Hints at the Future of Virtual Worlds
IBM hosted an event at the Massachusetts Institute of Technology’s Media Lab on Friday, where experts offered insights into how virtual worlds can be applied to make businesses more effective and address societal problems.The day-long event brought together IBMers, academics, media and representatives from businesses exploring virtual worlds, including those from entertainment, retail and the hotel industry.
Although some of the attendees expressed concern that virtual worlds are now over-hyped and insecure, IBM’s Colin Parris vice president of digital convergence said the combination of today’s virtual world with
existing Web services, such as commerce and search, will lead to “profound transformations” to societies and enterprises.
“We are now at the threshold of newly emerging (Web) platforms focused on participation and collaboration,” he said. “The power of collaboration and community are one of the major drivers of innovation as companies figure out the capabilities to accelerate collaborative innovation.”
Parris described some of IBM’s initial uses of virtual worlds in a business context, including enhanced training, immersive social shopping experiences, simulations for learning and rehearsing business processes, and for hosting events.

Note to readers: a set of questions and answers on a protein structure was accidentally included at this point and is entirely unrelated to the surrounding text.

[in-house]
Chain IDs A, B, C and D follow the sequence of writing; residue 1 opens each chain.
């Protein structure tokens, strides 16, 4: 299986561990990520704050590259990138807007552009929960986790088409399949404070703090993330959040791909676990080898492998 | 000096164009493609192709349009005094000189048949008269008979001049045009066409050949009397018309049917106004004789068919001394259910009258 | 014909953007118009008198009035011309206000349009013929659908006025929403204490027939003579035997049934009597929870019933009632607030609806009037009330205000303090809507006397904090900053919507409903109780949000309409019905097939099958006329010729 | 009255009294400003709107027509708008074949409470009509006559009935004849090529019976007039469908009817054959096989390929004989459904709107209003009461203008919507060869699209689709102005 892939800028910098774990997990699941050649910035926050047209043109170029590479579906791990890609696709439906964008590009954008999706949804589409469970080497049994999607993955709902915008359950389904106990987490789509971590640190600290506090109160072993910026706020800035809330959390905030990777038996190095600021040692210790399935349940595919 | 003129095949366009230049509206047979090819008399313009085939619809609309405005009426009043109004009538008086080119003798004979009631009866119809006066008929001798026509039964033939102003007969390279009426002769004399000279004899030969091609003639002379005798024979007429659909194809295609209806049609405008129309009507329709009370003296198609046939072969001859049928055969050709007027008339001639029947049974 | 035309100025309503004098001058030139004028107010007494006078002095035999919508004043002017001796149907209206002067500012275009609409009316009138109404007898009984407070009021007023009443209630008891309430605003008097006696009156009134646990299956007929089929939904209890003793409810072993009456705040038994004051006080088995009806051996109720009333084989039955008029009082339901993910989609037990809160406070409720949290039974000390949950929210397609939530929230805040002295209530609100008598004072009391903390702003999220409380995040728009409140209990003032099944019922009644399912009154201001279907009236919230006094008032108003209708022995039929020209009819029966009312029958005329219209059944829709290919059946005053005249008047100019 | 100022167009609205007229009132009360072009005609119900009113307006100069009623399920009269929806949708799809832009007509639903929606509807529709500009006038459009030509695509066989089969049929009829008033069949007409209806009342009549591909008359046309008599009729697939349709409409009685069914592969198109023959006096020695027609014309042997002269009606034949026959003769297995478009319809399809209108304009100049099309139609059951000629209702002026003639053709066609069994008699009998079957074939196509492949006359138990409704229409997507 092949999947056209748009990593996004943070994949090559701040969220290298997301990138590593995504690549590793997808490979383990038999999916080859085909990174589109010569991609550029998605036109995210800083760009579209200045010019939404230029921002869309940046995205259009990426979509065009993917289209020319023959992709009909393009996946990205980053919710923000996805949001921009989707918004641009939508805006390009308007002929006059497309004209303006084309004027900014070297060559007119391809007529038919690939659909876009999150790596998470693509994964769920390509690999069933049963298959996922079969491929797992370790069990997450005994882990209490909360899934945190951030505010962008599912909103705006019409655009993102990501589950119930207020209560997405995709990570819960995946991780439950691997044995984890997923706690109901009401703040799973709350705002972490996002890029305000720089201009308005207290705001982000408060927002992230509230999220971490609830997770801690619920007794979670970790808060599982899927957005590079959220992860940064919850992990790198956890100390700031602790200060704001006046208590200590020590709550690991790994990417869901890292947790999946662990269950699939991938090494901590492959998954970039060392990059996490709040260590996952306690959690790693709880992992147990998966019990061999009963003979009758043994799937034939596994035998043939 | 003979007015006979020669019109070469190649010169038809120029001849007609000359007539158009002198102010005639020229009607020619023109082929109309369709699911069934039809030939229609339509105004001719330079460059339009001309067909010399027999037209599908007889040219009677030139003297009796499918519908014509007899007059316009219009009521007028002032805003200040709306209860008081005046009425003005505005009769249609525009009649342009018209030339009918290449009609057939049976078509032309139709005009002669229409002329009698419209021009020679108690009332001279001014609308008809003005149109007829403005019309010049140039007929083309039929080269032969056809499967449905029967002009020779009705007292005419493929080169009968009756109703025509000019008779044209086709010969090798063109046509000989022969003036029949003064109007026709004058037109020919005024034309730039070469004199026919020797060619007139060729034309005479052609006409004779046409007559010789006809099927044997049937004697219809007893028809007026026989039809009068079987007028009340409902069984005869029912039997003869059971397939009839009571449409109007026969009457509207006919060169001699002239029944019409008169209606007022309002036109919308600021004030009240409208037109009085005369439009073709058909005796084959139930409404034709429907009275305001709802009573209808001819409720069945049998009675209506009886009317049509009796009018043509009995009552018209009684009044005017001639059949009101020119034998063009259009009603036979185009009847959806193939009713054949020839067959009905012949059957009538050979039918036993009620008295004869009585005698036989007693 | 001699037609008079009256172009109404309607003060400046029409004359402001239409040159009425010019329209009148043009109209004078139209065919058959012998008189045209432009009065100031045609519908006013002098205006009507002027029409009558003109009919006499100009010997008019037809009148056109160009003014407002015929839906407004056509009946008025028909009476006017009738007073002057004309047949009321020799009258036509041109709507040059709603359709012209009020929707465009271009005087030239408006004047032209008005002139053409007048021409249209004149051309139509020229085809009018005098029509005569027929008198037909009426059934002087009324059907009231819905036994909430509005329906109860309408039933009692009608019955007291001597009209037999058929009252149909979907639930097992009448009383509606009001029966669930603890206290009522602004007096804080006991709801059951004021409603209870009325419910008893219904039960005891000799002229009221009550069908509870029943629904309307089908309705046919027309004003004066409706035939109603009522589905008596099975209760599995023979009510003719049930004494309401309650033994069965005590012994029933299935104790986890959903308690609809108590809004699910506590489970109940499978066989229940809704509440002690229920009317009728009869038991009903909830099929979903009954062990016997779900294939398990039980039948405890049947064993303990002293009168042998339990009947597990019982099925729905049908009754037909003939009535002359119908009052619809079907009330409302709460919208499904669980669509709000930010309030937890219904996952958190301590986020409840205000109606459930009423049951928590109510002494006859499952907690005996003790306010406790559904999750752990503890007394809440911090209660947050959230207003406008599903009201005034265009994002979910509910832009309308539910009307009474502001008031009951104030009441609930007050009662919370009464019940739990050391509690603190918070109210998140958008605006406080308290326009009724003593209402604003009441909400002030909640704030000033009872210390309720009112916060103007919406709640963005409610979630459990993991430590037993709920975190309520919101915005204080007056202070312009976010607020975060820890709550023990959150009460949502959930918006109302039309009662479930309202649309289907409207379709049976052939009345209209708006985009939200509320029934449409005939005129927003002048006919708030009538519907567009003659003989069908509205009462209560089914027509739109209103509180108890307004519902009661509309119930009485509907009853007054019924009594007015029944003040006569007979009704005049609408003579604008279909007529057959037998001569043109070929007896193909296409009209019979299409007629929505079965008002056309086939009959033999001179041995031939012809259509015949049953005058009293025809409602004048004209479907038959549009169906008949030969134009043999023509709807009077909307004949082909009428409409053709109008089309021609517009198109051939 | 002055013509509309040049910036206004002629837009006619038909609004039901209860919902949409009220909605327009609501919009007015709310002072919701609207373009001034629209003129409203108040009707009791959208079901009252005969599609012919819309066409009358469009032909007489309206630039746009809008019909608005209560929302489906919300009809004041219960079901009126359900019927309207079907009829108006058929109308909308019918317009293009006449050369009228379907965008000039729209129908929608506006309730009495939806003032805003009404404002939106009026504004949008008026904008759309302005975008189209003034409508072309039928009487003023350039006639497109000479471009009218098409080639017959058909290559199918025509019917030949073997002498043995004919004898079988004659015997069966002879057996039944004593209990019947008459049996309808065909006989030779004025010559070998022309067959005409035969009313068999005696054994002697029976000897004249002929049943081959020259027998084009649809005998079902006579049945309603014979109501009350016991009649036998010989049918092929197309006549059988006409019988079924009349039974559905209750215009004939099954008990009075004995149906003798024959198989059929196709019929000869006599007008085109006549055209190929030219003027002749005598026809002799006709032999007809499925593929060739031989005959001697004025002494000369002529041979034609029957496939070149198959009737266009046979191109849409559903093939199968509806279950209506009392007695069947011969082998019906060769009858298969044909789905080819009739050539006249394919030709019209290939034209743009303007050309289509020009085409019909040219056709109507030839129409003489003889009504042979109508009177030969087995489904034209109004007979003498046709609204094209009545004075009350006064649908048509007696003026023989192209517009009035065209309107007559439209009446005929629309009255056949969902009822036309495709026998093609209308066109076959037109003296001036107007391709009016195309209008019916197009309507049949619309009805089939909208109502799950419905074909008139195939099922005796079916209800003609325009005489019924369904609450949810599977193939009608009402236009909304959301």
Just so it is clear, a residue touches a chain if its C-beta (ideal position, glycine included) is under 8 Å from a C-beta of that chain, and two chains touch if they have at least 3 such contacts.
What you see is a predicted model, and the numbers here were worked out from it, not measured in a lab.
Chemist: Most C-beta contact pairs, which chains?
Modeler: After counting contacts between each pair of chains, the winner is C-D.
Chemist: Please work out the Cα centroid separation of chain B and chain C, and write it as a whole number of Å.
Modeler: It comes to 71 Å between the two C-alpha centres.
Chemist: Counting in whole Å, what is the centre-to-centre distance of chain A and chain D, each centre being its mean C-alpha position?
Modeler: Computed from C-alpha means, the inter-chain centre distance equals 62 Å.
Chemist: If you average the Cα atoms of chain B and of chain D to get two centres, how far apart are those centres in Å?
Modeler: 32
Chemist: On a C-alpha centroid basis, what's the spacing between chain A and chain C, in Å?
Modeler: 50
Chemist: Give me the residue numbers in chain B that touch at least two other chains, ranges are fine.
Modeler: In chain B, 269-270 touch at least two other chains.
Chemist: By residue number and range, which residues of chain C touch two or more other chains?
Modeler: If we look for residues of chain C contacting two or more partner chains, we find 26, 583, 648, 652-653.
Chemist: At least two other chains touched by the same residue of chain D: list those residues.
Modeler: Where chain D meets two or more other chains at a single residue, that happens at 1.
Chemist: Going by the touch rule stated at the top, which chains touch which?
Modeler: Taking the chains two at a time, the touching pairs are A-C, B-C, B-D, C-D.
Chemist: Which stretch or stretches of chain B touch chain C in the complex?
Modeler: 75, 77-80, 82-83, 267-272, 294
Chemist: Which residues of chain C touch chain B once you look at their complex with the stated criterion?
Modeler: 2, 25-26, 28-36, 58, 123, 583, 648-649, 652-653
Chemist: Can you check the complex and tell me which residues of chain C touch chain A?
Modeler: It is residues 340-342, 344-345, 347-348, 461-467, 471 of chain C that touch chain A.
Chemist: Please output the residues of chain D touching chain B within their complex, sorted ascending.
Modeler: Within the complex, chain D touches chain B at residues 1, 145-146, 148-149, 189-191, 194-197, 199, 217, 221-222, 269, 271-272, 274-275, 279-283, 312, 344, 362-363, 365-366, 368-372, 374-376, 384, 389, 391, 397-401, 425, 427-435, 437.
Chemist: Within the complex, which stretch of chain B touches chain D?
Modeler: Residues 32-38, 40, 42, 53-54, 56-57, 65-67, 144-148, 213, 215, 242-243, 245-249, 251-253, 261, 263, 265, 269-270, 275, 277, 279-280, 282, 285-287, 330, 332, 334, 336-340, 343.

MIT Media Lab director Frank Moss, who also spoke Friday morning, said that society is in the very early days–“the first minutes, perhaps seconds of the 3-D Internet”–of virtual worlds. Several students are working on projects involving virtual worlds, such as finding easier ways to construct buildings and socialize.
Virtual worlds will be combined with advancements in understanding human behavior and pervasive computing, he said.
“We will be blurring the distinction between human abilities and human disabilities,” he said. “We’re talking about autistic people becoming authors and amputees becoming athletes and normal people doing
Despite the potential laid out by Parris and Moss, they both cautioned that virtual worlds need significant improvements. Attendees during a question and answer session also raised concerns over the poor state of security now in virtual worlds.
Parris and Moss also said security and privacy needs to be better addressed in virtual worlds. Other needed improvements include scalability of technical systems and more appropriate content.
Moss said that virtual worlds still lack the application that leads to wide-scale use, as the transition to the PC and the Web did in the past.
Needless to say, I’m excited about the future for virtual worlds & social networking. None of this stuff is directly related to kids, but in the worlds progressive chart… sooner or later it will be.
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